Tips for maximizing the time and outcome of your workouts
Story by Kyle Kercher
Some might say it’s the millennial in me, but I believe you shouldn’t work hard just for the sake of working hard. Instead, you should find ways to be as efficient and effective as possible to get optimal results from your hard work. This concept should be applied to our health and fitness just like our finances, career goals and family.
For any of these goals, the biggest variable to consider is the investment of our most valuable asset: time. Is the time invested in an activity worth the outcome? And is that activity as efficient and effective as possible to maximize the outcome?
For people who work out regularly, the lifetime investment of time is massive. Two concepts are certain:
1) Ensuring your workouts are aligned with as many benefits as possible
2) Constantly reevaluating your program, processes and systems
Thousands of people come through the front doors of our facility to perform all sorts of different workouts. A large percentage of people work their tails off. Some are dripping with sweat, pushing their boundaries; some go for miles and miles on treadmills, ellipticals, stair climbers, and the track. The health variables to consider are nearly endless, but among the most important are cardiorespiratory fitness, muscular strength, muscular endurance, power, joint stability, agility, balance, posture, and mobility.
Walking is one of my favorite activities, but it, along with jogging and some other aerobic activities, does very little to maintain your body’s range of motion, strength and posture. In fact, some of the stiffest individuals are the ones who walk and jog the most. Often times their focus is strictly walking or jogging for exercise. The point here is not to stop walking and jogging, but rather to make sure you include other types of exercise that may be outside of your comfort zone.
Then there’s high-intensity training, loved by some, feared by many. It isn’t sustainable for most people because it doesn’t feel very good to most people. We might engage in it for a month or a year, maybe even a few years, but long-term adherence is unlikely. One issue with high-intensity training is that it often lacks emphasis on other key training variables such as mobility, stability, strength, posture, and other technical aspects of training. These workouts may be hard, but they are missing some of the most foundational elements of a well-functioning body if the program is not designed and executed with attention to detailed variables. Ultimately, the goal here is to increase the number of people engaging in sustainable exercise behaviors that effectively improve a variety of health attributes.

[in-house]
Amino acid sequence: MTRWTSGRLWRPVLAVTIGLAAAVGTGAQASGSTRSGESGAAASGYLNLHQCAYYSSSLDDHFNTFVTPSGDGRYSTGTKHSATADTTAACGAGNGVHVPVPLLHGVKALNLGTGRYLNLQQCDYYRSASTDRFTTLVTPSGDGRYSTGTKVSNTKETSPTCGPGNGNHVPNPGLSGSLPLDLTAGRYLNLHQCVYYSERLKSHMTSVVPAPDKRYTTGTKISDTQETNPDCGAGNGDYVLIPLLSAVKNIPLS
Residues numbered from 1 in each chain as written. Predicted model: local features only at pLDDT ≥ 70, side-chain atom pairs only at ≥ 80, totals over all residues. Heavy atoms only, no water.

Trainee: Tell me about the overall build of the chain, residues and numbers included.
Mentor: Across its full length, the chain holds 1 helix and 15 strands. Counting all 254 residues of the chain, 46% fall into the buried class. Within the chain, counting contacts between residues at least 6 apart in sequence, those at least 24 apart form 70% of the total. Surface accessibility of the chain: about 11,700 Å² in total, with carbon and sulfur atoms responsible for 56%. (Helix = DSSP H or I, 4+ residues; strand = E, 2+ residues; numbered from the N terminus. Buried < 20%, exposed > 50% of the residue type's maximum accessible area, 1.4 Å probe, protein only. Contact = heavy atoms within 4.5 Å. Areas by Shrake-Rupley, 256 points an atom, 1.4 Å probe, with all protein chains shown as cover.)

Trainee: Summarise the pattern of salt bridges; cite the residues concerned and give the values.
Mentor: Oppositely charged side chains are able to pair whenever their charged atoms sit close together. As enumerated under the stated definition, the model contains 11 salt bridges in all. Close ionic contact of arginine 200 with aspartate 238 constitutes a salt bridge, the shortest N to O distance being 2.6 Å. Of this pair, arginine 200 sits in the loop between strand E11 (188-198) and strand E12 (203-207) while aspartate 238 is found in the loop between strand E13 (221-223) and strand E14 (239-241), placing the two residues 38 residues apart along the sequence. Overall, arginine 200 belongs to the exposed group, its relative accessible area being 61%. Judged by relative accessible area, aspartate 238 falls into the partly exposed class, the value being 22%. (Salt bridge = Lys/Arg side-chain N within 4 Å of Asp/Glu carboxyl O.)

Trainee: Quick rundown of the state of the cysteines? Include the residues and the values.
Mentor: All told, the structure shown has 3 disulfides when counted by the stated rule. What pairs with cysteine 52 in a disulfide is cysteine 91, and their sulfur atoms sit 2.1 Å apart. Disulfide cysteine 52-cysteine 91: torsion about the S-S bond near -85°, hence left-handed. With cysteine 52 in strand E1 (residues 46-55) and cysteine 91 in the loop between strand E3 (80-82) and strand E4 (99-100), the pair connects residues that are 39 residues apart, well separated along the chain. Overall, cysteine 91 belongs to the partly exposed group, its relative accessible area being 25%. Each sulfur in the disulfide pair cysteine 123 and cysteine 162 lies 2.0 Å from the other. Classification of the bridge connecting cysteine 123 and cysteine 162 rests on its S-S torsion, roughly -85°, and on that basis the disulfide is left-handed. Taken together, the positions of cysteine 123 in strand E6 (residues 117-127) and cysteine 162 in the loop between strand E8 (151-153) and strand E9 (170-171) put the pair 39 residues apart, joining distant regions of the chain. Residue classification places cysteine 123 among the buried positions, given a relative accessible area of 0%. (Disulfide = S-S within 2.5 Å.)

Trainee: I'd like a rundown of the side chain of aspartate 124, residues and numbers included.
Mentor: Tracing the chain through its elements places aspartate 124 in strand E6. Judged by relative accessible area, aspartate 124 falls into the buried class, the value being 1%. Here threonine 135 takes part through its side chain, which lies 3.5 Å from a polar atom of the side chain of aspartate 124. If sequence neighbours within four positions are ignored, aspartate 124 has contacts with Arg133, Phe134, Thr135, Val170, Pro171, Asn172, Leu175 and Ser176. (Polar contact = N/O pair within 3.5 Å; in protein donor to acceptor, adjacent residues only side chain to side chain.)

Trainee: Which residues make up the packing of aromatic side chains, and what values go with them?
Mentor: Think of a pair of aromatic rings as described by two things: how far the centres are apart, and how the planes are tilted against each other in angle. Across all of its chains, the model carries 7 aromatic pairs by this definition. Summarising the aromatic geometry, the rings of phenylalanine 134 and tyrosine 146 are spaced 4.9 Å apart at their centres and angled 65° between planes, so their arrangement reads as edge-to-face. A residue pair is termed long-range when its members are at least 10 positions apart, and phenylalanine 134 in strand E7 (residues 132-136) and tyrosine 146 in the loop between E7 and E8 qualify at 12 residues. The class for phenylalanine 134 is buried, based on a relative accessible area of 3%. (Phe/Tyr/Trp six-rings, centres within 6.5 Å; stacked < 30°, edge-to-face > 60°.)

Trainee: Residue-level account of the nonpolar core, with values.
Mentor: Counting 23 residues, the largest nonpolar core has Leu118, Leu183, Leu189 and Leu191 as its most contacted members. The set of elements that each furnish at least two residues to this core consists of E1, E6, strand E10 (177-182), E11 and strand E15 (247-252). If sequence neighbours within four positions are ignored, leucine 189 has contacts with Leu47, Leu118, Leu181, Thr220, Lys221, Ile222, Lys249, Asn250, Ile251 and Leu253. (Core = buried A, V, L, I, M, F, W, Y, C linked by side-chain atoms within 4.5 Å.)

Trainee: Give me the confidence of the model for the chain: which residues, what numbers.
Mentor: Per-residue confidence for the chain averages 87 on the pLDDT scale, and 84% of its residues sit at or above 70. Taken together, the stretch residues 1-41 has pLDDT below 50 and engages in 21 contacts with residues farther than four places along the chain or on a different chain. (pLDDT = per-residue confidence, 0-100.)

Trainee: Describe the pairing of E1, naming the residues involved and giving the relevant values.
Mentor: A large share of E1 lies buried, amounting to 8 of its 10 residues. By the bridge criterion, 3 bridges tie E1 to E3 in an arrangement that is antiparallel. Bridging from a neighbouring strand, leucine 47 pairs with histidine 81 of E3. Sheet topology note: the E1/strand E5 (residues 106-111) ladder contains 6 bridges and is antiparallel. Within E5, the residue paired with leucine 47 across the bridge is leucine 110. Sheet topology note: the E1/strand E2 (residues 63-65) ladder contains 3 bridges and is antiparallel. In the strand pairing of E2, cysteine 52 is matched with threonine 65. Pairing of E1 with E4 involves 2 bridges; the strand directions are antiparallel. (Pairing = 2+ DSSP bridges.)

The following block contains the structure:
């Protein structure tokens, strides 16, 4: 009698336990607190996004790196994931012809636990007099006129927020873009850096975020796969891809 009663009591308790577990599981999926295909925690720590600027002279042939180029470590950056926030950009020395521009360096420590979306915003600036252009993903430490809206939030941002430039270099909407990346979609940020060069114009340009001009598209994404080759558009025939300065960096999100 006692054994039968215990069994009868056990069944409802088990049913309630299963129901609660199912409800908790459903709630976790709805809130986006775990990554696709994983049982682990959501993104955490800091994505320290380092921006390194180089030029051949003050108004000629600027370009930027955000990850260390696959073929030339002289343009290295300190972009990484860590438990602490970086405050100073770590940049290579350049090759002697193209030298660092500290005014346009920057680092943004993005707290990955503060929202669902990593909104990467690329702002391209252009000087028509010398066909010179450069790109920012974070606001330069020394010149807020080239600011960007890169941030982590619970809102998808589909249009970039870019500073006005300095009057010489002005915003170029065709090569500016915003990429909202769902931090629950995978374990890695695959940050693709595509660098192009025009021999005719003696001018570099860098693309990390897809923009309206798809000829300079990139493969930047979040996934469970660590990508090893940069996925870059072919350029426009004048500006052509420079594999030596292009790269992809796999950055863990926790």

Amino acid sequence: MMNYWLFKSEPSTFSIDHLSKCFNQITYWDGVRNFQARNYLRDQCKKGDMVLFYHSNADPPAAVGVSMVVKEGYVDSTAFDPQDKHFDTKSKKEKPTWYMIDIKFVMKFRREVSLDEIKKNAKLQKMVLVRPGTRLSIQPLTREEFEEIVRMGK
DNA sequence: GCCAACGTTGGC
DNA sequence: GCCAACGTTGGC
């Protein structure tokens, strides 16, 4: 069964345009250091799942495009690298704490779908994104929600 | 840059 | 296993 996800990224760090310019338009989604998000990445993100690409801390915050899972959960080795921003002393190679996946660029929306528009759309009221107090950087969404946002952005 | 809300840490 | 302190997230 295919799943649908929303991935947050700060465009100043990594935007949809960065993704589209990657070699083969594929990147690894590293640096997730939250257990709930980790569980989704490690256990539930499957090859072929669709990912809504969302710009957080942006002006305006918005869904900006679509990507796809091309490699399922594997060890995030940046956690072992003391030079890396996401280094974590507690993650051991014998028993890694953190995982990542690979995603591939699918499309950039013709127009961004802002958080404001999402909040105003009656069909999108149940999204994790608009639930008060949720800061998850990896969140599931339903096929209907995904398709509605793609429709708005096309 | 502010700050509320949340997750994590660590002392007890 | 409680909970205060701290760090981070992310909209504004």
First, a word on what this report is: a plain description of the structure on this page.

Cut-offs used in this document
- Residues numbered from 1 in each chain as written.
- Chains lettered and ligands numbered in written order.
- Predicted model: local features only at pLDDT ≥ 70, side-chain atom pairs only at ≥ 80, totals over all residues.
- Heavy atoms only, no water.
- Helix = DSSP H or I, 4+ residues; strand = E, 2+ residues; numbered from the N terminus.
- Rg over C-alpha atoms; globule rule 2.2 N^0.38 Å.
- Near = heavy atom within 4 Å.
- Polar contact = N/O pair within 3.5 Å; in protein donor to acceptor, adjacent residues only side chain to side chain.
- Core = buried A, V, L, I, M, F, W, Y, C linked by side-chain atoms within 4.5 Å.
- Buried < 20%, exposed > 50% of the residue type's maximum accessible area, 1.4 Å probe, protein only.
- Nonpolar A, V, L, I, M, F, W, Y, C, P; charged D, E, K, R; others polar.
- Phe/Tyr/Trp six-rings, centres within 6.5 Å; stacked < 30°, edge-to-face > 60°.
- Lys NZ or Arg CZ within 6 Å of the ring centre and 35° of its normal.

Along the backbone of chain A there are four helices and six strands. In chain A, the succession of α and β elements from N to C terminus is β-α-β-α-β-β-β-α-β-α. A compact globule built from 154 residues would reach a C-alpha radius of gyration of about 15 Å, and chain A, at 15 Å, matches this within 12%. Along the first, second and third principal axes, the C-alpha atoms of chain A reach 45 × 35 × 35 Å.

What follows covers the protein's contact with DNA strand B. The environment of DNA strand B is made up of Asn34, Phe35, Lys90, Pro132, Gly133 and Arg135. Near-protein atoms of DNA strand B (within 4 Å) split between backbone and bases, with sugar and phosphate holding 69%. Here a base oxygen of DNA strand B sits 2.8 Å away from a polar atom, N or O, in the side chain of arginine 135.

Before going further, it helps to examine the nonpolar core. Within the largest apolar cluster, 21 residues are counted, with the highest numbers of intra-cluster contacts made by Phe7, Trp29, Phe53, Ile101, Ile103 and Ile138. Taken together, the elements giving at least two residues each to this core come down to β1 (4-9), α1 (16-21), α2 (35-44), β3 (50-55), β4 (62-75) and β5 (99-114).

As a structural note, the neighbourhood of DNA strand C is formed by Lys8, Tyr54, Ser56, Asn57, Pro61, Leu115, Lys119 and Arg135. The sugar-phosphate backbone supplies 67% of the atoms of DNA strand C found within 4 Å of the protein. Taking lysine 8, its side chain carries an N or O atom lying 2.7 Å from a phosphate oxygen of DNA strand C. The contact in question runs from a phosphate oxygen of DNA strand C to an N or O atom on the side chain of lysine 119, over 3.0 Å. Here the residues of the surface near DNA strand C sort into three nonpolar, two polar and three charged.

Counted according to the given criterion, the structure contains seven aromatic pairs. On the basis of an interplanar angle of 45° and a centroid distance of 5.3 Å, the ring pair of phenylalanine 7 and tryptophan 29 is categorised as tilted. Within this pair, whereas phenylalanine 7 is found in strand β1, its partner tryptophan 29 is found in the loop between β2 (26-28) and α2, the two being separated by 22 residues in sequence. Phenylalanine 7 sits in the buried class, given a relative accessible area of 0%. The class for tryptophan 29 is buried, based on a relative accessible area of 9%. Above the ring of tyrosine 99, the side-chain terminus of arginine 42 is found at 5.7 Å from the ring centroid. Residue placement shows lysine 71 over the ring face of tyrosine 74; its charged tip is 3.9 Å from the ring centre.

Mobility, stability and strength allow our bodies to function best in our daily activities for the rest of our lives. This is where we might consider directing our focus. We need to be able to lift heavy objects from the floor or lift them over our head, lunge or squat to tie our shoes, and move our body in all sorts of different situations. A routine that includes a well-designed program with strength training features full mobility, stability and posture built into the protocol. Here are some pictures of a couple of my favorite mobility, stability and posture-based exercises.
Wall Angel: Move slowly and keep as many points of contact on the wall as possible.
Overhead Squat: The ultimate mobility exercise. Practicing this will help other exercises feel easy.
Kyle is a husband, entrepreneur, author, coach, and leader in Kalispell. He leads the Competitive Edge program at the Summit Medical Fitness Center. His new book, “The Mental Game — Grit, Growth, and Mental Toughness in Athletes,” is available on Amazon or at kylekercher.com/shop. Contact Kyle at firstname.lastname@example.org.